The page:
About all the money for reform, Ciedie perceived:

 “So. When big money gets thrown around under the socially responsible guise of helping less powerful and politically disenfranchised citizens – benevolently offering that helpful leg up, so to speak; well, it’s a funny but historical trend that quite often this particular kind of money?

“Somehow, sort of, gets redirected.”

In one vignette Ciedie is chatting with a fellow educator. It really hit home with me, because I too teach in a “failing school” with 70% free and reduced lunch and 20% language learners. It was like my personal experience:

“One year, a few days into my Thanksgiving Break, I met up with a friend – a teaching peer who, for the past twenty years, had been employed inside a high-scoring, long-term-stably-administrated secondary school located in the suburbs of a neighboring district. When our conversation predictably turned to issues of education, it immediately became clear that, in the modern age of a low-income school accountability, what we, as public school educators, had each experienced? Diverged dramatically.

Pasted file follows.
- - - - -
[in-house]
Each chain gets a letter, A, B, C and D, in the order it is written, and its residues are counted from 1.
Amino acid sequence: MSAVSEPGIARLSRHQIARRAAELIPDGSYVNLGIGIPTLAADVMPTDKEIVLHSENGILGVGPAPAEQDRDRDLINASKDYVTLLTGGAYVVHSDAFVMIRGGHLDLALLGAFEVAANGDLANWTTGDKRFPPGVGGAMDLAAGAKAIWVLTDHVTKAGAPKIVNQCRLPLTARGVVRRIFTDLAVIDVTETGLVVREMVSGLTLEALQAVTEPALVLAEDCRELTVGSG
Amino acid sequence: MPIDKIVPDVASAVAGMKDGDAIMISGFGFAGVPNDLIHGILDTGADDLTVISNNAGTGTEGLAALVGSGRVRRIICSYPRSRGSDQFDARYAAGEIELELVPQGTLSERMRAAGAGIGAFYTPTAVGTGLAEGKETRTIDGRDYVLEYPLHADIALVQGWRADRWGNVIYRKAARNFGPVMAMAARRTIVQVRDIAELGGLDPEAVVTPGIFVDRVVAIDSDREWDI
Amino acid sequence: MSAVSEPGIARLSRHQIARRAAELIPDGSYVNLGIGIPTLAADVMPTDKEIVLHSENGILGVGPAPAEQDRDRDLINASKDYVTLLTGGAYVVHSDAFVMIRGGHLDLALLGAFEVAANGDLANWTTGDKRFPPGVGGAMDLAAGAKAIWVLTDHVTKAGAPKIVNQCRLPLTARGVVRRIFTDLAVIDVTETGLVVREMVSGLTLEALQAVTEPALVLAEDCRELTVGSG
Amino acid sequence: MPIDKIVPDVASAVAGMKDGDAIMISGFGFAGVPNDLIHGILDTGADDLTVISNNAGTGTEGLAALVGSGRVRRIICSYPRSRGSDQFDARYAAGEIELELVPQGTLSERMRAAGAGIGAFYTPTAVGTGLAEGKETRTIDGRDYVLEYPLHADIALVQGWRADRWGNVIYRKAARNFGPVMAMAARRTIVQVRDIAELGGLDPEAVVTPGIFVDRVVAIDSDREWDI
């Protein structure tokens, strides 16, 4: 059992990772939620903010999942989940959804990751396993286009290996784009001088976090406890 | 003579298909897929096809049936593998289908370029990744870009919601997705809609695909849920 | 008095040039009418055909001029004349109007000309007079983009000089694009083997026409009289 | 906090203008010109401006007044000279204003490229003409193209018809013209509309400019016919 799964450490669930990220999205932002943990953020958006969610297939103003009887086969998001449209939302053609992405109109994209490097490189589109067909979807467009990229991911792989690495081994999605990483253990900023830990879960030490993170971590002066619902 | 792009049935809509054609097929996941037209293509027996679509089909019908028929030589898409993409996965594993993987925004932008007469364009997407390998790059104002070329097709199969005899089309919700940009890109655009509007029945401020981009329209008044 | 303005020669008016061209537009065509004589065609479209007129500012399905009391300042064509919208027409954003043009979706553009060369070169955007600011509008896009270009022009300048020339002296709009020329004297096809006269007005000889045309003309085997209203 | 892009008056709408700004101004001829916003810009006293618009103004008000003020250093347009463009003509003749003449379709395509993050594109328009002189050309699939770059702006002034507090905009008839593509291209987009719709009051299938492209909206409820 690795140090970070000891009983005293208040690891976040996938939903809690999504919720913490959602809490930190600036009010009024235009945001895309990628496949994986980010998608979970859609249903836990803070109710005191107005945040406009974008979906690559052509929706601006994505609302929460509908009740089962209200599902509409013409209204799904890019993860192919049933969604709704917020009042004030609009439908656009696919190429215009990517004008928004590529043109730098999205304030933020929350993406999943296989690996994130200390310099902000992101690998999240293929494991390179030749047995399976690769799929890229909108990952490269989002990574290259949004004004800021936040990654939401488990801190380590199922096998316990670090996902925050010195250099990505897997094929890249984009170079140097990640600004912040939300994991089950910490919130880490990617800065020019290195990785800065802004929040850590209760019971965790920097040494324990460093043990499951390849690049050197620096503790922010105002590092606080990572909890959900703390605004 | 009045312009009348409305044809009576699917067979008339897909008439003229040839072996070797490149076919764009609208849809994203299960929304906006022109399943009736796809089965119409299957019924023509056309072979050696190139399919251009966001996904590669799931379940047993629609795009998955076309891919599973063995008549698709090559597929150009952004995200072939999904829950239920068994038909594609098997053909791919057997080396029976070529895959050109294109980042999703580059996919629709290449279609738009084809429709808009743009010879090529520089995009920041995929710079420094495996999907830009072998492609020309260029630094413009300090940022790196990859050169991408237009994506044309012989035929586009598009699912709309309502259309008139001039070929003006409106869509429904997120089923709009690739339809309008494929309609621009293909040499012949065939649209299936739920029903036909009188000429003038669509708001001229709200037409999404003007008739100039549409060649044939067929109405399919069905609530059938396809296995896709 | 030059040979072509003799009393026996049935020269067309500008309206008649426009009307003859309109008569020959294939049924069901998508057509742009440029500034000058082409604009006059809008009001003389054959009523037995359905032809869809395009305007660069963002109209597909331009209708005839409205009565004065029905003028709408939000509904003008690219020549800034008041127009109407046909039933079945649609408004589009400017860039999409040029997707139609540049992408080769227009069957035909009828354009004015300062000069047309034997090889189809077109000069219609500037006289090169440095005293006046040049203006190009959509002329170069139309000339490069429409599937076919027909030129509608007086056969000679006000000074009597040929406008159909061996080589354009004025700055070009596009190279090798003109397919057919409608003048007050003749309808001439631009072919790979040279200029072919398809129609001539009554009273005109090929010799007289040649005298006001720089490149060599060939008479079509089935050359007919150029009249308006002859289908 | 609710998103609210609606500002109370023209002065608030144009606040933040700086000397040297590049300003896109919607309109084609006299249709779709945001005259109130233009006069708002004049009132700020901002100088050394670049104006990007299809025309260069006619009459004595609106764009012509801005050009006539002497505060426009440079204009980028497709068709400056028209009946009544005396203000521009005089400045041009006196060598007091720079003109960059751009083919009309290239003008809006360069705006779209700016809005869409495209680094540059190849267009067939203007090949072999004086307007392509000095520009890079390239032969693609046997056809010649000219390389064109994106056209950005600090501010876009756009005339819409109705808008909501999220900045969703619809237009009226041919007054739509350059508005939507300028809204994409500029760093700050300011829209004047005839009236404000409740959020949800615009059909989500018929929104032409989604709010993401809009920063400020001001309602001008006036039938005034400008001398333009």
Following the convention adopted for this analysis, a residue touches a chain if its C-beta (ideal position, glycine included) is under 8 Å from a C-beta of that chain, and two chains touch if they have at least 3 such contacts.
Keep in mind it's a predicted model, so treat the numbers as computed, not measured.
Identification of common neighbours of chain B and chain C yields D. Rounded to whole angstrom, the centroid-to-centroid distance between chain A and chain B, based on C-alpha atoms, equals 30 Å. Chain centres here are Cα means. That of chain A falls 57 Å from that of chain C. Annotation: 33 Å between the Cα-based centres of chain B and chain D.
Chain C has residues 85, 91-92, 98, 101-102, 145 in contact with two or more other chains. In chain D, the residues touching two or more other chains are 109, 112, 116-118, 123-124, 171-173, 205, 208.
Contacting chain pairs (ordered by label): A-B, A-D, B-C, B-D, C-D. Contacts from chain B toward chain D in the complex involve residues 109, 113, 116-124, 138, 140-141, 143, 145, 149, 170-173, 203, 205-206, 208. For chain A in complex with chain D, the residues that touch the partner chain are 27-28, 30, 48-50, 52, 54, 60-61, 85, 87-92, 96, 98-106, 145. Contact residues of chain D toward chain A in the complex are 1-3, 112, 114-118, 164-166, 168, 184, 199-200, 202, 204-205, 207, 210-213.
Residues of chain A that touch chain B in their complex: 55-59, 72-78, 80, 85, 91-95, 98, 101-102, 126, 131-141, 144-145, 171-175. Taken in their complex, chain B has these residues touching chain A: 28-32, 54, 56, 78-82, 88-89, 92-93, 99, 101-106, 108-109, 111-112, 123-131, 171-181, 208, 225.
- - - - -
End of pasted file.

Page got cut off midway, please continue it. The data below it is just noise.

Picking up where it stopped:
“It felt, in fact, a little like discussing educational practices as they existed here on Earth… and somewhere way out in the far reaches of the universe. On Jupiter, maybe. At one point, we paused to count up the non-teaching/nonstudent-contact days we had each had so far that fall.

“She counted two.

“I counted seventeen.”

 I loved the following observation because I have been living it for fifteen years:

“Well, now: here’s a little secret. I suppose this could be confidential. I apologize if I’m letting the cat out of the bag.

“But: More inner-city, low-income-school teachers actually, with a full intention, chose to walk into those complicated buildings; chose to work, day after day, inside those low-income, culturally-complex schools; chose to spend year upon year standing right there in front of those so many assertively labeled “difficult” children because they wanted to – than you might think.

“Oh, man. Crazy, huh?”

 Ciedie asked the obvious question:

“Why was it, the question kept rising up over the years. Well, why was it that those schools most quickly and aggressively labeled as “drop-out factories” – schools slated for closure or an endless chain of reforms, schools forced through the fatal destabilization of restructure and redesign, schools branded publicly as being underused failures, schools negatively marked with the highly publicized letter grade of an F – well, why was it that such a large percent of these schools (shoot, pretty much all of them) had traditionally served as a home to non-dominant-culture, non-privileged-class, minority students?”